A French teacher friend has been recommending Alex to our book group ever since we chose a Fred Vargas novel (see here) for last month’s read. The paperback was officially published on August 1st, but a day before that, I bought a copy (from my local indie bookshop). Prompted by a tease from Simon S about a forthcoming blog post about a thriller he’d read that was his new ‘thriller of the year’, (his review here), I had to read it too. I started on Thursday night, resuming when I woke up on Friday. Basically, I didn’t do anything except have breakfast until I’d finished it.

The story starts with Alex.  An ugly duckling as a teenager, she has blossomed into a beautiful young woman, but she is shy and insecure.  If she puts on a wig though, she can pretend to be more confident than she actually is…

For example, it had never occurred to her that she could wear a red wig. It had been a revelation. She couldn’t believe how different she looked. Wigs seemed so superficial and yet the moment she first put one on, she felt her whole life had changed.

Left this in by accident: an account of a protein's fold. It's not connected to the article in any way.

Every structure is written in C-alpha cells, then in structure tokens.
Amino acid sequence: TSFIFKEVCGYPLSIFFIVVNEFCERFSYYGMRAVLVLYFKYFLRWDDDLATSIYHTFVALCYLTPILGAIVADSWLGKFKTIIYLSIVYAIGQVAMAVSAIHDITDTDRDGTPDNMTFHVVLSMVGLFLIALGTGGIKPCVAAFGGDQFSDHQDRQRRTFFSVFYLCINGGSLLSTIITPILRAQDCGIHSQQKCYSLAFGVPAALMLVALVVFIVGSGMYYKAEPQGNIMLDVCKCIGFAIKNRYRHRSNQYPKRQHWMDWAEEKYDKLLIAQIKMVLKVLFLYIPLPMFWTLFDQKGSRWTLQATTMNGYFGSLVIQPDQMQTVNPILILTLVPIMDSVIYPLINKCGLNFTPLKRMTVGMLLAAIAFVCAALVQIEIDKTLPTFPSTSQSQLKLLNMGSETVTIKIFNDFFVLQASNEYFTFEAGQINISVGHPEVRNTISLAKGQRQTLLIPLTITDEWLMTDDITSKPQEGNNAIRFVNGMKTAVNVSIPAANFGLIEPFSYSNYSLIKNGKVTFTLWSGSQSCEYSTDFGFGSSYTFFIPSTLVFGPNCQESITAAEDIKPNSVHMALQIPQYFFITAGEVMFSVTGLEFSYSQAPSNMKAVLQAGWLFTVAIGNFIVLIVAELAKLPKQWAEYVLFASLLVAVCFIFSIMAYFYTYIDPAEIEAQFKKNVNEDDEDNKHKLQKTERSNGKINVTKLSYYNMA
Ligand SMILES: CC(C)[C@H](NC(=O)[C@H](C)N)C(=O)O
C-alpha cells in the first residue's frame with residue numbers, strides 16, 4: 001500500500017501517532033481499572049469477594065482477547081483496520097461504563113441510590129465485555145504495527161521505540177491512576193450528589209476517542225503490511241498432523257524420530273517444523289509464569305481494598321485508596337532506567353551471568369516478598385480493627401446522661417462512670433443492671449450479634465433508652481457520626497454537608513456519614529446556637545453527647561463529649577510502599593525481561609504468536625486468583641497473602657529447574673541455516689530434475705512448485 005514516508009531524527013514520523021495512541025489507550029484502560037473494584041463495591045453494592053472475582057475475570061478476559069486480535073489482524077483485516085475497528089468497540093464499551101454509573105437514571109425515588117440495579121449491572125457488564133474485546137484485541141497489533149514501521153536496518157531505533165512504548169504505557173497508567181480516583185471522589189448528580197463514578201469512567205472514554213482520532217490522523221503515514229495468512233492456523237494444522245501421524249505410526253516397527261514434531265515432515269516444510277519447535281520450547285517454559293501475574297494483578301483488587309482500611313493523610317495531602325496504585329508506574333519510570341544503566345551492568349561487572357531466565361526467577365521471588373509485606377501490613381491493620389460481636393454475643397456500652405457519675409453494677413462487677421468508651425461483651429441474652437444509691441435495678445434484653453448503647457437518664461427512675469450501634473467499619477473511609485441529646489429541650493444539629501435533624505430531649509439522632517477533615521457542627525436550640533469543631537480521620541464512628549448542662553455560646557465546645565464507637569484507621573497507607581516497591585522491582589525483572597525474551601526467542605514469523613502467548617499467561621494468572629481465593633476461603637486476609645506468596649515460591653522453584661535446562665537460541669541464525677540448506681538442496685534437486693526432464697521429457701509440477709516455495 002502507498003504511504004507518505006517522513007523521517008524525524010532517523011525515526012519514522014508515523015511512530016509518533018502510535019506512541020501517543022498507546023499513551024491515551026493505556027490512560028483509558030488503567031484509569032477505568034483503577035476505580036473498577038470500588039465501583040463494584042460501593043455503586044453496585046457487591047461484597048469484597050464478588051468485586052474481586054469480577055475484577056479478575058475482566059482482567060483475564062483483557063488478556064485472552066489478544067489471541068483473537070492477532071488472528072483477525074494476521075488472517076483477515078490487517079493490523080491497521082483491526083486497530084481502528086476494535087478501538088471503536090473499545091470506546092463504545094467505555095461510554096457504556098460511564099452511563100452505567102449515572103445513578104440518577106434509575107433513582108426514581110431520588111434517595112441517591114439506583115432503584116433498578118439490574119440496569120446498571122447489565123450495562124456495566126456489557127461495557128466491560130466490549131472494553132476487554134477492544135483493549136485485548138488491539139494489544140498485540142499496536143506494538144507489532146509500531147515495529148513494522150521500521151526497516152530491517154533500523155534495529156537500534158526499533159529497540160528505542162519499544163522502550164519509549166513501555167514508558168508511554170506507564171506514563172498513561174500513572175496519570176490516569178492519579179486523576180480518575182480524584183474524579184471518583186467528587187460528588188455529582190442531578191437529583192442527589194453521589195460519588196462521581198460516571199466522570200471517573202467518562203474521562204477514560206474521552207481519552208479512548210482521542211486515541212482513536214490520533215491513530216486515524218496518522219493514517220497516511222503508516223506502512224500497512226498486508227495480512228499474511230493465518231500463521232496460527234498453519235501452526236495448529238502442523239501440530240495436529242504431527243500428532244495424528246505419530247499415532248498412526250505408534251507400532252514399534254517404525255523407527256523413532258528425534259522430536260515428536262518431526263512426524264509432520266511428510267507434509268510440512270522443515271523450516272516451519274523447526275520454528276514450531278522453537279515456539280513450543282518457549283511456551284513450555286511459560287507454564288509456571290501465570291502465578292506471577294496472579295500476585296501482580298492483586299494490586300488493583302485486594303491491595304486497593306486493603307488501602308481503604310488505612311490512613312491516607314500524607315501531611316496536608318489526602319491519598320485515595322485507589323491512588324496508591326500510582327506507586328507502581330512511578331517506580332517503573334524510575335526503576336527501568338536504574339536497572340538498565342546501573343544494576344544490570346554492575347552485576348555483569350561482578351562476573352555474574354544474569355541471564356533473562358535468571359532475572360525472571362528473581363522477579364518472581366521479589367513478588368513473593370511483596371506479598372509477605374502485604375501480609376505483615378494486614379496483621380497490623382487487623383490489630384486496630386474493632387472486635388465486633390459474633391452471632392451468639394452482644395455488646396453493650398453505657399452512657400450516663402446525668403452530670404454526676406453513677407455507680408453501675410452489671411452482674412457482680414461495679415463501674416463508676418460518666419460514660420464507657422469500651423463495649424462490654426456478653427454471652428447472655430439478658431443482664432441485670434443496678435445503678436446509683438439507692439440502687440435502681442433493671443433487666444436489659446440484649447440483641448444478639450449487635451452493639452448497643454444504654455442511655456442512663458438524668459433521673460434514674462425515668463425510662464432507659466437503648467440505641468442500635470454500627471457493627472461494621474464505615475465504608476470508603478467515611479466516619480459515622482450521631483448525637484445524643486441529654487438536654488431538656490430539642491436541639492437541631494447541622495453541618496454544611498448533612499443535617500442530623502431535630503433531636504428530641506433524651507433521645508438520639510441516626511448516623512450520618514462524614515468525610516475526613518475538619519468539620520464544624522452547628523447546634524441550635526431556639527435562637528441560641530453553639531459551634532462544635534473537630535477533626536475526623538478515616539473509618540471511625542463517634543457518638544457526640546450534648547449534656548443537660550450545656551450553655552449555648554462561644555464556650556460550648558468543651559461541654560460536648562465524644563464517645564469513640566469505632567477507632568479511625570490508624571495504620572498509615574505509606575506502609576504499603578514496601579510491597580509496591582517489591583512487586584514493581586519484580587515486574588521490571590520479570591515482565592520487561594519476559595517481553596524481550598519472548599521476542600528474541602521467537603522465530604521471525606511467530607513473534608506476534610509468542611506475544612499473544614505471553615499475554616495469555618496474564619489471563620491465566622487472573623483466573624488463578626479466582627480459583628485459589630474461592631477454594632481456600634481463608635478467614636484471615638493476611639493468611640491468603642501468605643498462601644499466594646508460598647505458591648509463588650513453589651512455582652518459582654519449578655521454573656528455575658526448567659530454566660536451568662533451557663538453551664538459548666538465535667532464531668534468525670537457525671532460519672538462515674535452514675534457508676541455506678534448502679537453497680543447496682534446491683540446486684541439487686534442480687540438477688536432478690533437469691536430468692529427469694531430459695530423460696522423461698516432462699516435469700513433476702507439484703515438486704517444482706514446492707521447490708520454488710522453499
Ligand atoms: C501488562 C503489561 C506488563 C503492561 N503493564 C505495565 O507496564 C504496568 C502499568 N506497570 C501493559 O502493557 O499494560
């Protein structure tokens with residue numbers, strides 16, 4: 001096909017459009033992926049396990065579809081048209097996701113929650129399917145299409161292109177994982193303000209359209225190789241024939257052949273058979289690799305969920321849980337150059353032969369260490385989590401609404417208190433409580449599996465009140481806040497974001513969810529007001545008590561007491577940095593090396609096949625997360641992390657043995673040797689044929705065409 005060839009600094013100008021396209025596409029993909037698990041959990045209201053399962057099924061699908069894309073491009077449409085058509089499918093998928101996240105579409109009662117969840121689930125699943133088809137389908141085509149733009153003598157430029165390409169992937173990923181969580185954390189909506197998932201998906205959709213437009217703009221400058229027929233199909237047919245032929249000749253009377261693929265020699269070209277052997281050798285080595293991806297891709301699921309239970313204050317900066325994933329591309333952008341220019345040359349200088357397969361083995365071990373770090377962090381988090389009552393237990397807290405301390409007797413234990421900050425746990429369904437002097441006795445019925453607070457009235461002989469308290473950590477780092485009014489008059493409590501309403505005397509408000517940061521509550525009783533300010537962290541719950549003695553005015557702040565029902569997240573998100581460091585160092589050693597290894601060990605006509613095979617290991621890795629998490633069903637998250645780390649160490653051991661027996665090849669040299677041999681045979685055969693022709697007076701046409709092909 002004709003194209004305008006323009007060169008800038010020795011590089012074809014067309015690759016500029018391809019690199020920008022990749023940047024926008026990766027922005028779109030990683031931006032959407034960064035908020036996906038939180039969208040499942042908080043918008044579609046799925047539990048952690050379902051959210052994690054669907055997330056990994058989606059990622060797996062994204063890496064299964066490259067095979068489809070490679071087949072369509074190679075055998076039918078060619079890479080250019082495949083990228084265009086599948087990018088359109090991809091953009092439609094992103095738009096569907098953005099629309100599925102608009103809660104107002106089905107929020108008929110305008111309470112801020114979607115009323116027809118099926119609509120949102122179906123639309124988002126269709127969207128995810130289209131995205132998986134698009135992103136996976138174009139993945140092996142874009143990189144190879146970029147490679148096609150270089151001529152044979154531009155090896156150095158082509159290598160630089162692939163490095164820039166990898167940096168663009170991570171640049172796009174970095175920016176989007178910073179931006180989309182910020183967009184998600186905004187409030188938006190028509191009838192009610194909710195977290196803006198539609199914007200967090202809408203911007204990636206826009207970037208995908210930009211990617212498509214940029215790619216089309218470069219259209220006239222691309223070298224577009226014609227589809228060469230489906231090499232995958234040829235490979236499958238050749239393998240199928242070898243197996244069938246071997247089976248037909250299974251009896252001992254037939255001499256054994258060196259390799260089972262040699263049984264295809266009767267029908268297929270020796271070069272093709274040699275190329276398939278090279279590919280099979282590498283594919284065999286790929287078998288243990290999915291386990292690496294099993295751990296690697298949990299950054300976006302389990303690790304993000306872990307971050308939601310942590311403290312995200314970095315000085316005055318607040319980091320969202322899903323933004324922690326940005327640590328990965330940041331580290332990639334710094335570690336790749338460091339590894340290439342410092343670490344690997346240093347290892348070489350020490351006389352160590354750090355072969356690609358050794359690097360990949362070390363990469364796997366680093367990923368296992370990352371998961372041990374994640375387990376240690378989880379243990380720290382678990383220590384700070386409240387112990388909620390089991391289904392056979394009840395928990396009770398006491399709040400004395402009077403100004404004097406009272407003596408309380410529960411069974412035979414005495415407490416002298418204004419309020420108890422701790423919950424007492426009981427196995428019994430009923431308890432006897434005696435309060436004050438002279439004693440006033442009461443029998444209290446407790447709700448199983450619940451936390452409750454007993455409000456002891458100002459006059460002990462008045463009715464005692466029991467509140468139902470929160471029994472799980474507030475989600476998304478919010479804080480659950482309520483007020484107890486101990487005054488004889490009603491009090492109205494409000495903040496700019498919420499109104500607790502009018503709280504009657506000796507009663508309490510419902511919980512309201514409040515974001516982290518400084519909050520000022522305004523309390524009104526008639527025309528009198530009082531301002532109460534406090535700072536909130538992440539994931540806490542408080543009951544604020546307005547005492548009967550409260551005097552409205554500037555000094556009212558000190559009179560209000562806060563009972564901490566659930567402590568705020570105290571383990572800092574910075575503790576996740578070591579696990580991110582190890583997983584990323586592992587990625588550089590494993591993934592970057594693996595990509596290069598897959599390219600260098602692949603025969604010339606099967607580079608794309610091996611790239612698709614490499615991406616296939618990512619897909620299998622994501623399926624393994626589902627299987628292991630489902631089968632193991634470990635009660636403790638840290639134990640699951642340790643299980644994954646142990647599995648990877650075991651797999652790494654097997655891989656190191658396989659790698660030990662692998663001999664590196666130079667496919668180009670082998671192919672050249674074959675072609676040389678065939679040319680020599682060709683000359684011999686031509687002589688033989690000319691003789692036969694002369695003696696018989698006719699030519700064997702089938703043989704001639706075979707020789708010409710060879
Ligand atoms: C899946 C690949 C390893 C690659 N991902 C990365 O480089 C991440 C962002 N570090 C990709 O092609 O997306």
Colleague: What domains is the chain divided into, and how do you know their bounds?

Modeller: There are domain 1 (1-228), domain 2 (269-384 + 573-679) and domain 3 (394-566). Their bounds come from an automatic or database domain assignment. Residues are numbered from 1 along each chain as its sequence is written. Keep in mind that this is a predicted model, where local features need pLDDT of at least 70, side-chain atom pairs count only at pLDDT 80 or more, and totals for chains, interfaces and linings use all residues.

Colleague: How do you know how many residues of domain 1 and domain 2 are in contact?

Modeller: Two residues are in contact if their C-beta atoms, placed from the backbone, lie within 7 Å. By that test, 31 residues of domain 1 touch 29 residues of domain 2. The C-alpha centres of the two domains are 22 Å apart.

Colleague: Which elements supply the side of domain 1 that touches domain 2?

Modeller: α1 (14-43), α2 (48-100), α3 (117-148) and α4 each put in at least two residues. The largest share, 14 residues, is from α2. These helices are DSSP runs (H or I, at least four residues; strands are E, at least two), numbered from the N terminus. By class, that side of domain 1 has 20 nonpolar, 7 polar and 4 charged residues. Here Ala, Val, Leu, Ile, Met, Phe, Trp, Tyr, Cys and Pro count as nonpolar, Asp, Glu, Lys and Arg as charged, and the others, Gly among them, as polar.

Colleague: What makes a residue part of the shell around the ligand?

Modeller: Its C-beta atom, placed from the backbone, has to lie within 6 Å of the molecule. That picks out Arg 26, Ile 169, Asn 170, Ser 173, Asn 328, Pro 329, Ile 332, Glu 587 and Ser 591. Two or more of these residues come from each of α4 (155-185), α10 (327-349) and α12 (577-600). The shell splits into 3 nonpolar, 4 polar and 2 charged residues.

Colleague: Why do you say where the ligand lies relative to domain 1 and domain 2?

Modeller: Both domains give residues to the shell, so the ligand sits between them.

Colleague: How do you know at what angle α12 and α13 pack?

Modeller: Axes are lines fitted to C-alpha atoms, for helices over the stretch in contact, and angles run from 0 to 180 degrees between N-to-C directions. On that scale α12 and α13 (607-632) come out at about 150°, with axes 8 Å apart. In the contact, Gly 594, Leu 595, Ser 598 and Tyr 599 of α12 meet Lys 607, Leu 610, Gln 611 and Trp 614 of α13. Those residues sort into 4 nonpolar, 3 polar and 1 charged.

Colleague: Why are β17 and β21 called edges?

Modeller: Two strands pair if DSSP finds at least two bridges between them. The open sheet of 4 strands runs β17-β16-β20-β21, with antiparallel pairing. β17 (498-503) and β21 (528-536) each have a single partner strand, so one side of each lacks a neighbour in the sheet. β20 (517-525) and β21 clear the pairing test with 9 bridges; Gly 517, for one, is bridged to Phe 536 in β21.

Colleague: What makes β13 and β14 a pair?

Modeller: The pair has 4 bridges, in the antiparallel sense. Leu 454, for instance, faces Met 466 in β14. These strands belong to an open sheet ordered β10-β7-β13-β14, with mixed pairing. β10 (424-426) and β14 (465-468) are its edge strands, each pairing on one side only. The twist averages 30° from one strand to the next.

One night she dresses up and treats herself to a dinner for one at a local restaurant, but as she walks home she is abducted, beaten and bundled into an anonymous white van.  Her captor will take her to an abandoned warehouse and suspend her from the ceiling in a wooden cage, naked, injured, filthy, waiting to die.

Luckily, her kidnapping was witnessed by a passer-by, for otherwise no-one would have known. No-one reports her as missing, she is an enigma. But with a kidnapping time is of the essence, and reluctantly Commandant Camille Verhœven has to accept the case. Camille has been easing back into work after personal tragedy in which his pregnant wife was kidnapped and died – he hasn’t handled such a case since, but is forced to as his colleague is unavailable.

It’s a race against time, but aided by his team, Camille’s investigative powers will develop leads from the smallest scraps of information. Will he be able to save Alex? Will the pressure from the Juge d’instruction (French equivalent of a District Attorney) get to him?

I can’t tell you any more plot developments beyond those above from the first couple of chapters.  Suffice it to say, things get very nasty indeed. I chose to leave it to go to sleep at exactly the wrong spot (p76) leading to vivid dreams ‘Oh rats!’ as Indiana Jones would say, which gives you a clue about what is happening).